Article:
Further investigation revealed that a back-pressure regulator had been installed between the air compressor/storage tanks and the filter presses. This regulator was supposed to restrict the flow of air once the pressure in the receiver tanks got to a certain low level, but the valve had failed. This failure allowed the pressure to fall too low at the air compressor, making the system unsuitable to tie into the instrument air system.
Attaining Proper Dew Point and Saving Compressed Air
The instrument air dryer had manual purge adjustment that had been altered over the course of time. Dew point readings showed that the dryer was only producing compressed air with levels slightly below zero—instead of the rated -40°F requirement. Adjustments were made (as shown in Figure 4) by increasing the purge flow to normal, which allowed the output dew point to fall to more normal levels. Ultimately the air dryer was replaced with one featuring dew point dependent switching to save wasted purge air.
Figure 4: Adjustments were made to the air dryer to correct low-pressure occurrences and increase efficiency.
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Compressed Air System Improvements Yield 36% Annual Energy Savings
Various compressed air system improvements were implemented to correct the situation and to gain a predicted 50 percent reduction in energy consumption with improved system pressure. The projects included:
- Install refill control and a new back-pressure regulator on the raw air system.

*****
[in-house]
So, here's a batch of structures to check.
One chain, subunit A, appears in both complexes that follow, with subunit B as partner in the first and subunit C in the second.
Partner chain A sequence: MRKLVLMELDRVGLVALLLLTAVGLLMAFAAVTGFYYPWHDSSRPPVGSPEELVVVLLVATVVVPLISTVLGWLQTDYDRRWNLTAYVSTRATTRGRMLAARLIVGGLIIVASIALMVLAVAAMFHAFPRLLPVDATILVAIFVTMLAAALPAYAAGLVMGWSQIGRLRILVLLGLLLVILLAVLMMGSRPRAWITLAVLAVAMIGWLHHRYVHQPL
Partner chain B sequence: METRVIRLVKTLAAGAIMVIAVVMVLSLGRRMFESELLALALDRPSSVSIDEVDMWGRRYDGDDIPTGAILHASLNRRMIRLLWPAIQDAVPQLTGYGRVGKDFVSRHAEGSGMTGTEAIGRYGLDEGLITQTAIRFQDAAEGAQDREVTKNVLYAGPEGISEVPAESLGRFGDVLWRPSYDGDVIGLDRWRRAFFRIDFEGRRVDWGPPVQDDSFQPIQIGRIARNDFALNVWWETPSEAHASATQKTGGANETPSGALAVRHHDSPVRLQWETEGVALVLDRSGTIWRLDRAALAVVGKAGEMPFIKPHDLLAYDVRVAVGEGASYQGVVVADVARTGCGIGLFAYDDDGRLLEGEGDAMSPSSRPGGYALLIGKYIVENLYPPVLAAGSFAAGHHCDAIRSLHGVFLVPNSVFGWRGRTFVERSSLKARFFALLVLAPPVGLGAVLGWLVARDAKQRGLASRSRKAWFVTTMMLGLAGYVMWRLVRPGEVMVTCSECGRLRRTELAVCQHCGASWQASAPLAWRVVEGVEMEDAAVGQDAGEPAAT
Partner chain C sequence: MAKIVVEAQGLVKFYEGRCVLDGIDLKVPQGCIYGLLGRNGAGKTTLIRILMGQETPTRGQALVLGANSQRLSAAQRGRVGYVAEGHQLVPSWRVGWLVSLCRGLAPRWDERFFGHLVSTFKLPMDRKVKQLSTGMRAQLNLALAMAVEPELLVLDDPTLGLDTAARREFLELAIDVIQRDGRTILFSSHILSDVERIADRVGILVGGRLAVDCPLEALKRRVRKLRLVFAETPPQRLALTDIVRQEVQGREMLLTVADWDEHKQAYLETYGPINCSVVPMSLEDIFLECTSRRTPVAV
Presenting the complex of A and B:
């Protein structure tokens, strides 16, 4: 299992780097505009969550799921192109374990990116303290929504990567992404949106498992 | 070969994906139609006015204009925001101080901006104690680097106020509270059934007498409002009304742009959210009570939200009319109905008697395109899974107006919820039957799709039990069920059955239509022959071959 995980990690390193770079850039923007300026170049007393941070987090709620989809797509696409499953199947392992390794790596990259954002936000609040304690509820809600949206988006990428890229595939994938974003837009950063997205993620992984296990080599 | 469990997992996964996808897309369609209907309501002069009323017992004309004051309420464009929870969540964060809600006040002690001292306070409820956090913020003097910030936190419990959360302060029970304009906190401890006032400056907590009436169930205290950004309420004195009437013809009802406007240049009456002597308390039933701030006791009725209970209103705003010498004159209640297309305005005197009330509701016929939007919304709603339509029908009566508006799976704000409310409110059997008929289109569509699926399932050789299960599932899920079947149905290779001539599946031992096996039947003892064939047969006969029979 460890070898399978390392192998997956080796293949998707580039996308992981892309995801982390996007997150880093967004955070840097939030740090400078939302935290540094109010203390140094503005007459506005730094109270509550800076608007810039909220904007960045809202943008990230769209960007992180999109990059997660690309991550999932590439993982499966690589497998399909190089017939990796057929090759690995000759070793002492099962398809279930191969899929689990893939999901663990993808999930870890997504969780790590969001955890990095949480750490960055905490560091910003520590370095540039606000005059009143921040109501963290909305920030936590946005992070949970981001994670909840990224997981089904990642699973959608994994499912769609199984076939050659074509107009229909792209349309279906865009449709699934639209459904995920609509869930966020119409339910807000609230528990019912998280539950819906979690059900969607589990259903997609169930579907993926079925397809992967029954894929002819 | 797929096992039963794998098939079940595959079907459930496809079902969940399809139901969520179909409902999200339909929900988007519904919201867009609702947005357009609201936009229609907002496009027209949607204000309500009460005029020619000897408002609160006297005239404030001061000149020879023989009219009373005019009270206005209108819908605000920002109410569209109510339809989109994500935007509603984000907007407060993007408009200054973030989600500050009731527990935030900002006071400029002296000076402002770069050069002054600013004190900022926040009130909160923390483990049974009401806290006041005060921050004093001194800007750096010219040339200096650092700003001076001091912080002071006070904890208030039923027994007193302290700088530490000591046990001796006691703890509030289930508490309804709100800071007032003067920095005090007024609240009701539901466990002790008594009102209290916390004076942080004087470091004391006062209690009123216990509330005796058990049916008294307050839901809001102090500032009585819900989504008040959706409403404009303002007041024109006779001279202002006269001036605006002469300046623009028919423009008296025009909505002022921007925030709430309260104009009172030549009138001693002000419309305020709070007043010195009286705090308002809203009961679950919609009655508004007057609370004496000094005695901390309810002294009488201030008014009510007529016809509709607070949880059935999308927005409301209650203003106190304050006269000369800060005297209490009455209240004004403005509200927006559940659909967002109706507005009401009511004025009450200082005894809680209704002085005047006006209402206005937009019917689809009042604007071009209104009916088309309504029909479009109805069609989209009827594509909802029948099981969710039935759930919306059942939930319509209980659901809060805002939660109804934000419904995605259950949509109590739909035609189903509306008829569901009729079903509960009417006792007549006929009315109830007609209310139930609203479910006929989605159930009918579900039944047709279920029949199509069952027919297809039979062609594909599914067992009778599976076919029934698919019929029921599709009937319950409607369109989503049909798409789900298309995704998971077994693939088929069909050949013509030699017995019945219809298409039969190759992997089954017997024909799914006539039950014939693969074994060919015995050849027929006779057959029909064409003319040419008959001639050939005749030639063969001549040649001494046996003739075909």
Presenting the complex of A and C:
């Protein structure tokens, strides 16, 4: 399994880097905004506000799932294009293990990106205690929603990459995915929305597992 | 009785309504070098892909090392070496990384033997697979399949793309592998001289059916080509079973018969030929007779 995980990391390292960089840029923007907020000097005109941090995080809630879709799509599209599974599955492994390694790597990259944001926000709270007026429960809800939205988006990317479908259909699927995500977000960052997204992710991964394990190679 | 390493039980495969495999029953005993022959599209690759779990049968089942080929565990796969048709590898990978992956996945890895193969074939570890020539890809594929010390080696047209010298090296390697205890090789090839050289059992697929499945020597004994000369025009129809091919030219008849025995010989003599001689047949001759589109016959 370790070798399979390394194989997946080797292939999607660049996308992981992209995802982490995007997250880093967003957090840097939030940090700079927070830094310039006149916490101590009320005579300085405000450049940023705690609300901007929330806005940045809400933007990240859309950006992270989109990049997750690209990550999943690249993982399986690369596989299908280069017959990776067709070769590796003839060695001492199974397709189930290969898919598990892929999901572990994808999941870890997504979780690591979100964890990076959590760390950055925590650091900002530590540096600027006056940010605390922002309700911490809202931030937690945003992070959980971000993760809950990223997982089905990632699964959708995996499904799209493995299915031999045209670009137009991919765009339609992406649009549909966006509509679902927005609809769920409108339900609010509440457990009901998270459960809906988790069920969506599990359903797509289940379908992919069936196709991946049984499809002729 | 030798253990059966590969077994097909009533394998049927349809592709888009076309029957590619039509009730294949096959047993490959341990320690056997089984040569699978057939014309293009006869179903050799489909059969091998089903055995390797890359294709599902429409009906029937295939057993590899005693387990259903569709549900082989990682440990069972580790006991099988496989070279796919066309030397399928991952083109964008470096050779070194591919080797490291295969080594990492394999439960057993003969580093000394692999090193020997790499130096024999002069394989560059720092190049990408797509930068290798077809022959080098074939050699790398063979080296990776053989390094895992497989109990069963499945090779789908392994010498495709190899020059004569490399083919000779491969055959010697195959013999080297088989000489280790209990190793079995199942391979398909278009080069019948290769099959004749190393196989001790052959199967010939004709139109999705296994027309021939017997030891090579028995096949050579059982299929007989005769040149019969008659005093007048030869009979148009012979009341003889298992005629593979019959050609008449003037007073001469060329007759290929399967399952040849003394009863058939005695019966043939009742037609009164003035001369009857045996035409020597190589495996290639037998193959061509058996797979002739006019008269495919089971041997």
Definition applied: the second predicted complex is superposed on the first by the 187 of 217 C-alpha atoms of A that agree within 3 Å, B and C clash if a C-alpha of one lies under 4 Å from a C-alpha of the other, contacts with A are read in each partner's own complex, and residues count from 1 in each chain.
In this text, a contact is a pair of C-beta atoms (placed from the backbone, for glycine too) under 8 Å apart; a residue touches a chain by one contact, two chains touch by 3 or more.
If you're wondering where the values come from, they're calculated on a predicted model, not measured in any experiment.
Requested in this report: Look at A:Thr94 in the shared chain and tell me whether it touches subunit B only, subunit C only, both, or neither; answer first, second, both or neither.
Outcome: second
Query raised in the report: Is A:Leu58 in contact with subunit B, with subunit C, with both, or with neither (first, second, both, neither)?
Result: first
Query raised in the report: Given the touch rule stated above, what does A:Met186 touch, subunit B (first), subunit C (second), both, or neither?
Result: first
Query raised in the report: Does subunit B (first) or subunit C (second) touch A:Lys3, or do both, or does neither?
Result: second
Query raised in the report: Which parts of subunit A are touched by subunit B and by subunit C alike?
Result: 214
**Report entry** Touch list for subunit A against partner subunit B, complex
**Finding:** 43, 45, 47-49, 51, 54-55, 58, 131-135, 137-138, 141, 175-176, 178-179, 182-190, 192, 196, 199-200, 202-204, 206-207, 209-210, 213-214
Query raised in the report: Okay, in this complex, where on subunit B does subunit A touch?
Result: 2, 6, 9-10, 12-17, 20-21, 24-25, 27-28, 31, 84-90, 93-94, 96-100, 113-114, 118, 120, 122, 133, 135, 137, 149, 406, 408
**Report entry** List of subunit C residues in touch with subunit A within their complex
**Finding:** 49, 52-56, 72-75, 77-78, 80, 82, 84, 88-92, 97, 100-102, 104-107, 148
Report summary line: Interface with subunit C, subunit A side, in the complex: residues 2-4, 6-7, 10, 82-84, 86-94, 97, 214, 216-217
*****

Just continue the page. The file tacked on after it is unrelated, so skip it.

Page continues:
- Install check valve, needle valve and storage tank at problematic bag filters, and adjust filter blow to normal levels.
- Reduce or replace blowing on various air wands.
- Modify fire system supply to shut down separate system of failed dryers, and switch to dry air.
- Upsize various sections of supply piping to reduce pressure differential.
- Repair compressed air leaks, and start leak detection and benchmarking programs.
- Install a new 100-hp variable speed drive (VSD) air compressor to increase production capacity, and combine with fixed-speed air compressor system for unified central system.
- Upgrade compressor ventilation.
- Install a flow control valve to regulate instrument pressure to a lower required level.
- Install dual parallel filters on dryers to reduce pressure differential and reduce discharge pressure.
- Replace timer drains with zero air-loss condensate drains.
Improvements were verified about two years later, and although all recommendations were not followed, energy savings of 36 percent were gained—saving the equivalent of $48,000 of energy per year (at 10 cents per kWh). A substantial energy incentive was granted to help pay for the cost of a new air compressor, an air dryer, and other modifications. Estimated simple payback calculated to about 2.4 years.
For more information about the Compressed Air Challenge, contact Ron Marshall, email: email@example.com.
To read more System Assessments on End Uses in plants, please visit www.airbestpractices.com/system-assessments/end-uses.